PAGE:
If the testator failed to provide in his will for a living child because he mistakenly believed the child to be dead, the child will take ____________________ .

A. A share equal to her intestate share.
B. A share equal to that of the testator’s other children.
C. One-quarter of the separate property in the estate.
D. Nothing

A. A share equal to her intestate share.

If at the time of execution of a testamentary instrument (a will or revocable trust) the testator fails to provide for a living child solely because the testator believes the child is dead or because the testator is unaware of the child's birth, the child receives a share equal in value to the share she would have received if the testator had died intestate.

26

If a testator executes his will and later marries, but then dies before executing a new will, the surviving spouse will take:

A. Only the testator’s share of community property.
B. Only the surviving spouse’s intestate share of the testator’s separate property.
C. The testator’s share of community property plus one-fourth of the testator’s separate property.
D. The testator’s share of community property plus the surviving spouse’s intestate share, up to one-half the value of the testator’s separate property.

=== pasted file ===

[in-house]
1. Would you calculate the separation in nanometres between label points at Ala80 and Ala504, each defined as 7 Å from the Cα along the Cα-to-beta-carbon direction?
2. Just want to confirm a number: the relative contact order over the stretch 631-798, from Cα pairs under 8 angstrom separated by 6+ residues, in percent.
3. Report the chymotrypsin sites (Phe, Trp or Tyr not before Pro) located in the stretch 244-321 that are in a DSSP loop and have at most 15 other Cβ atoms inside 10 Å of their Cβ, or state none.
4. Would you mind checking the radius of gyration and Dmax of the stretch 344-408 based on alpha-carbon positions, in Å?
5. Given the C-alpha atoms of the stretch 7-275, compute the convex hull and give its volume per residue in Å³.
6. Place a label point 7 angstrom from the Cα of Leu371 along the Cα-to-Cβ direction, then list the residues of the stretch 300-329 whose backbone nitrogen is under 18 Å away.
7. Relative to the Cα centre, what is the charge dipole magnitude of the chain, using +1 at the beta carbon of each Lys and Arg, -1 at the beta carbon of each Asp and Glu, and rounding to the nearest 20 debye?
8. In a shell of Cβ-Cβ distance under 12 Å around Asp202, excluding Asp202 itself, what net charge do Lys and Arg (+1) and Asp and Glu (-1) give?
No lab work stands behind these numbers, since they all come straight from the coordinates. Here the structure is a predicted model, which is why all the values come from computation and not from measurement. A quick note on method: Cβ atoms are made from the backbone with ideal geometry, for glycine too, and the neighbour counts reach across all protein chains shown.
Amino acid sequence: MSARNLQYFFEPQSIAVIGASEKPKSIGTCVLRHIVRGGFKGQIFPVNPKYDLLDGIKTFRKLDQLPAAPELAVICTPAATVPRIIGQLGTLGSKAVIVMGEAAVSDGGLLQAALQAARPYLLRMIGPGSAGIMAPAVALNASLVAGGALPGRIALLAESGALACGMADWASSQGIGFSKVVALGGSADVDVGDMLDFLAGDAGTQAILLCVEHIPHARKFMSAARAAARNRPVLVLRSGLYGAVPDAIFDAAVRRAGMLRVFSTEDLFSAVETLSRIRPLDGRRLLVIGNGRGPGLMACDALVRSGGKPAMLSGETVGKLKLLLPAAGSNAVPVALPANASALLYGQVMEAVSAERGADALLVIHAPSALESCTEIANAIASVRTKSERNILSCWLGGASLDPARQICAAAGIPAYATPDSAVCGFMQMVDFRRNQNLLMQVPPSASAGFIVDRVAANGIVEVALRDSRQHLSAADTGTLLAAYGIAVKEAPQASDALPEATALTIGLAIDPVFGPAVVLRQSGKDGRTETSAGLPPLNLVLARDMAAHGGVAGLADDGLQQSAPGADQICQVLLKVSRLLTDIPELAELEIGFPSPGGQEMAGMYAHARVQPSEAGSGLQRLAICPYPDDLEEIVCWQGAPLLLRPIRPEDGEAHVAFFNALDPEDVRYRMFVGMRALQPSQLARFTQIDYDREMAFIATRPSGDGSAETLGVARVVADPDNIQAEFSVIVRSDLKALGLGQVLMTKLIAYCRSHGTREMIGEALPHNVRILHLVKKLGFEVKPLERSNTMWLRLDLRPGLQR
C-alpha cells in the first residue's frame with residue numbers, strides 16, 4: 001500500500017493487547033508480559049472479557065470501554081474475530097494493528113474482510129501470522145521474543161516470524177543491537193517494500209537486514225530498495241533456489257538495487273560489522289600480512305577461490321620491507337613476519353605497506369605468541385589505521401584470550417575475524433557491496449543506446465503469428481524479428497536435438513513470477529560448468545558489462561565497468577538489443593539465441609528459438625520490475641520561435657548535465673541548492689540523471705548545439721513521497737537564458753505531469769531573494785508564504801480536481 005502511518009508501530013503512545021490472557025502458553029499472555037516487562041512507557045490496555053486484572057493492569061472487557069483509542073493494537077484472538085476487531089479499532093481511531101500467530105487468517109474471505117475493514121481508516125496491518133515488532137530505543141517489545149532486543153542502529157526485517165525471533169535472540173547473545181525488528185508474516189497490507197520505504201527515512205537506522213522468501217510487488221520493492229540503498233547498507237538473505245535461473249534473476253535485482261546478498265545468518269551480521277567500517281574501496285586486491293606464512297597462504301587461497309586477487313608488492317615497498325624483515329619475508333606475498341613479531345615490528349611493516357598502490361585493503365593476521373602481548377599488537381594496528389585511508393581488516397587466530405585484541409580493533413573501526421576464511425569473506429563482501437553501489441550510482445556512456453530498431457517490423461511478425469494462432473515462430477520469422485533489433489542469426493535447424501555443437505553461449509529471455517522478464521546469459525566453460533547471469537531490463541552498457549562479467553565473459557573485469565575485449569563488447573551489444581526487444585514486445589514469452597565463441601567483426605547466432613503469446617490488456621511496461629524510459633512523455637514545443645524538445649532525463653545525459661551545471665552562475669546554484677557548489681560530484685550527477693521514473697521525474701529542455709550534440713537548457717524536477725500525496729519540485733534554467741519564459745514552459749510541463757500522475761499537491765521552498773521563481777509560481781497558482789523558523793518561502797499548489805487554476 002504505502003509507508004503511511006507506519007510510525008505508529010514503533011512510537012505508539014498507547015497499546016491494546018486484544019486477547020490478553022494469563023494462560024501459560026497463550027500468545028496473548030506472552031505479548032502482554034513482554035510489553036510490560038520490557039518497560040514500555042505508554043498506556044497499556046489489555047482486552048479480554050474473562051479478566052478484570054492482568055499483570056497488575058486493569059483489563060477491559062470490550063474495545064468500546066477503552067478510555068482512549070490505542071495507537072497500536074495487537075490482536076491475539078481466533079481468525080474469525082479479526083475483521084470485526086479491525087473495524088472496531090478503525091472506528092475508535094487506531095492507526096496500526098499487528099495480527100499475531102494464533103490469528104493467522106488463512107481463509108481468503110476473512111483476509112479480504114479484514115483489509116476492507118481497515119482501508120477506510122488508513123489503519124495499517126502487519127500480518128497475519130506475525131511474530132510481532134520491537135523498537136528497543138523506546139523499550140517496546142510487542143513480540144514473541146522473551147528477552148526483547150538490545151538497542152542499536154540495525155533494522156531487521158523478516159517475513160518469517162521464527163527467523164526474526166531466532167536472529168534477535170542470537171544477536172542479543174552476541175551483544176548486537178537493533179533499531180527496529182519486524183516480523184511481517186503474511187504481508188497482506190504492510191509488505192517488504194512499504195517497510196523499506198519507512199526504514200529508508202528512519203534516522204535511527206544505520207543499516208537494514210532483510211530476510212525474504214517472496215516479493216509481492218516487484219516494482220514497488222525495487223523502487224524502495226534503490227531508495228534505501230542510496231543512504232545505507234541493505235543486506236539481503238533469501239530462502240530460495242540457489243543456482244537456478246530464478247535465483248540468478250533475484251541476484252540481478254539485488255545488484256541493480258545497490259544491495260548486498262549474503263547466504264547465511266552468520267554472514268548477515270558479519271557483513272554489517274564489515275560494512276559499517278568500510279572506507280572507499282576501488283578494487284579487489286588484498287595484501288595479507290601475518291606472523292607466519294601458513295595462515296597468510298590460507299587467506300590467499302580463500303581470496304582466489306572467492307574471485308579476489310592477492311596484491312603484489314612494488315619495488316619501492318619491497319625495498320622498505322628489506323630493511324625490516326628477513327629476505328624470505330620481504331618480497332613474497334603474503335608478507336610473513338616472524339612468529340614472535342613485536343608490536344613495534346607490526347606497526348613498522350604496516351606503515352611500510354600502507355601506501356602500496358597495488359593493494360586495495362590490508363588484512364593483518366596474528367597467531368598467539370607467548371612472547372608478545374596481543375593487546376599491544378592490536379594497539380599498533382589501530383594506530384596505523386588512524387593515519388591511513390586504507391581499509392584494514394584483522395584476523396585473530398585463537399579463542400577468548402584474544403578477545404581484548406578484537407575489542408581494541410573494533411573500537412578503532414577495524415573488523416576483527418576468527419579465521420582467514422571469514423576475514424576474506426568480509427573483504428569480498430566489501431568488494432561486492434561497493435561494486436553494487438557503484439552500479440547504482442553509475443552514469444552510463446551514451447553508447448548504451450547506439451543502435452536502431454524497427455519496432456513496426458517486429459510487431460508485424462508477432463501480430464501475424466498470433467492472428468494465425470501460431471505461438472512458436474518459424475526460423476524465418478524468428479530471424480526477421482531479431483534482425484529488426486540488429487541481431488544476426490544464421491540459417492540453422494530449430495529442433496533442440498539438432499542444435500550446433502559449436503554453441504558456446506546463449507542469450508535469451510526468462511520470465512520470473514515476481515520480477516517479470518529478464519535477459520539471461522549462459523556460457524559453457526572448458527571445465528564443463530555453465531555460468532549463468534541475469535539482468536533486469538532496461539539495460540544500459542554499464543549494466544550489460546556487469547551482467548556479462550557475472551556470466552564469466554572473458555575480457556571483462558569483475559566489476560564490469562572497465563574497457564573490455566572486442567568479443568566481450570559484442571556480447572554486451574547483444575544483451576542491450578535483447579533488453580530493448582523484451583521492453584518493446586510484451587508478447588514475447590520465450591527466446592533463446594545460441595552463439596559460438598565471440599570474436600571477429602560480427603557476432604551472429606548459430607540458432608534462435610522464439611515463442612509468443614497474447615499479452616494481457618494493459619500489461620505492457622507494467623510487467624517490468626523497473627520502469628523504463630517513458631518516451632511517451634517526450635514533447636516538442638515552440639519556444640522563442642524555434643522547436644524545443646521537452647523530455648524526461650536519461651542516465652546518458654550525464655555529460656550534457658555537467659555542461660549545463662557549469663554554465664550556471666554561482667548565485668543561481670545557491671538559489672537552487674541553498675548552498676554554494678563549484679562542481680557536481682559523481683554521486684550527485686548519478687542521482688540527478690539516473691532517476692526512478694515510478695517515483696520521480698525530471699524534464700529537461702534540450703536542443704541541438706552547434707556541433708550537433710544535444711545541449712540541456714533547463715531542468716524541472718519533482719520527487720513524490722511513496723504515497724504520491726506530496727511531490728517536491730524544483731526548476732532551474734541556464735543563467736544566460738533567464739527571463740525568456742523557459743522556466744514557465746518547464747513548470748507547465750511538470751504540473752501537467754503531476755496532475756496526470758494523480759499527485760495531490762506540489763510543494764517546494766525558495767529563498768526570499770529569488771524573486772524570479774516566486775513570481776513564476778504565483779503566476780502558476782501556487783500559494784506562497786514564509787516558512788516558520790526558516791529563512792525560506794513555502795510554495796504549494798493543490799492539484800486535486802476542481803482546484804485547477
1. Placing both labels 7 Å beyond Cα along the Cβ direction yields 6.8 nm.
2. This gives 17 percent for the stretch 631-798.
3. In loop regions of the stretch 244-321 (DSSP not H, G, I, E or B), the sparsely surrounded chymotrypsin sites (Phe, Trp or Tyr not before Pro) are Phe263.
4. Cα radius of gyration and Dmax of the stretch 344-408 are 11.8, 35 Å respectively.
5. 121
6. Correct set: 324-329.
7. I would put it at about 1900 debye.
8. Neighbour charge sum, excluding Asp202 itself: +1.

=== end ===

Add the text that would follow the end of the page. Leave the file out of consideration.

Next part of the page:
D. The testator’s share of community property plus the surviving spouse’s intestate share, up to one-half the value of the testator’s separate property.

California's omitted spouse/domestic partner statute protects a spouse or domestic partner from unintentional omission from the decedent's testamentary instruments. When a testator marries after executing his will and does not otherwise provide for his surviving spouse, the surviving spouse will take the testator’s share of community property plus the surviving spouse’s intestate share of the testator's separate property. The surviving spouse's intestate share is, however, limited to one-half the value of the separate property.

27

A testator’s will bequeaths property “to my son if he survives me.” The son predeceases the testator and is survived by a wife and a daughter. The son's will bequeaths all of his property to a charity. Who takes the testator's property?

A. The son's wife.
B. The testator’s residuary beneficiaries.
C. The charity.
D. The son's daughter.


B. The testator’s residuary beneficiaries.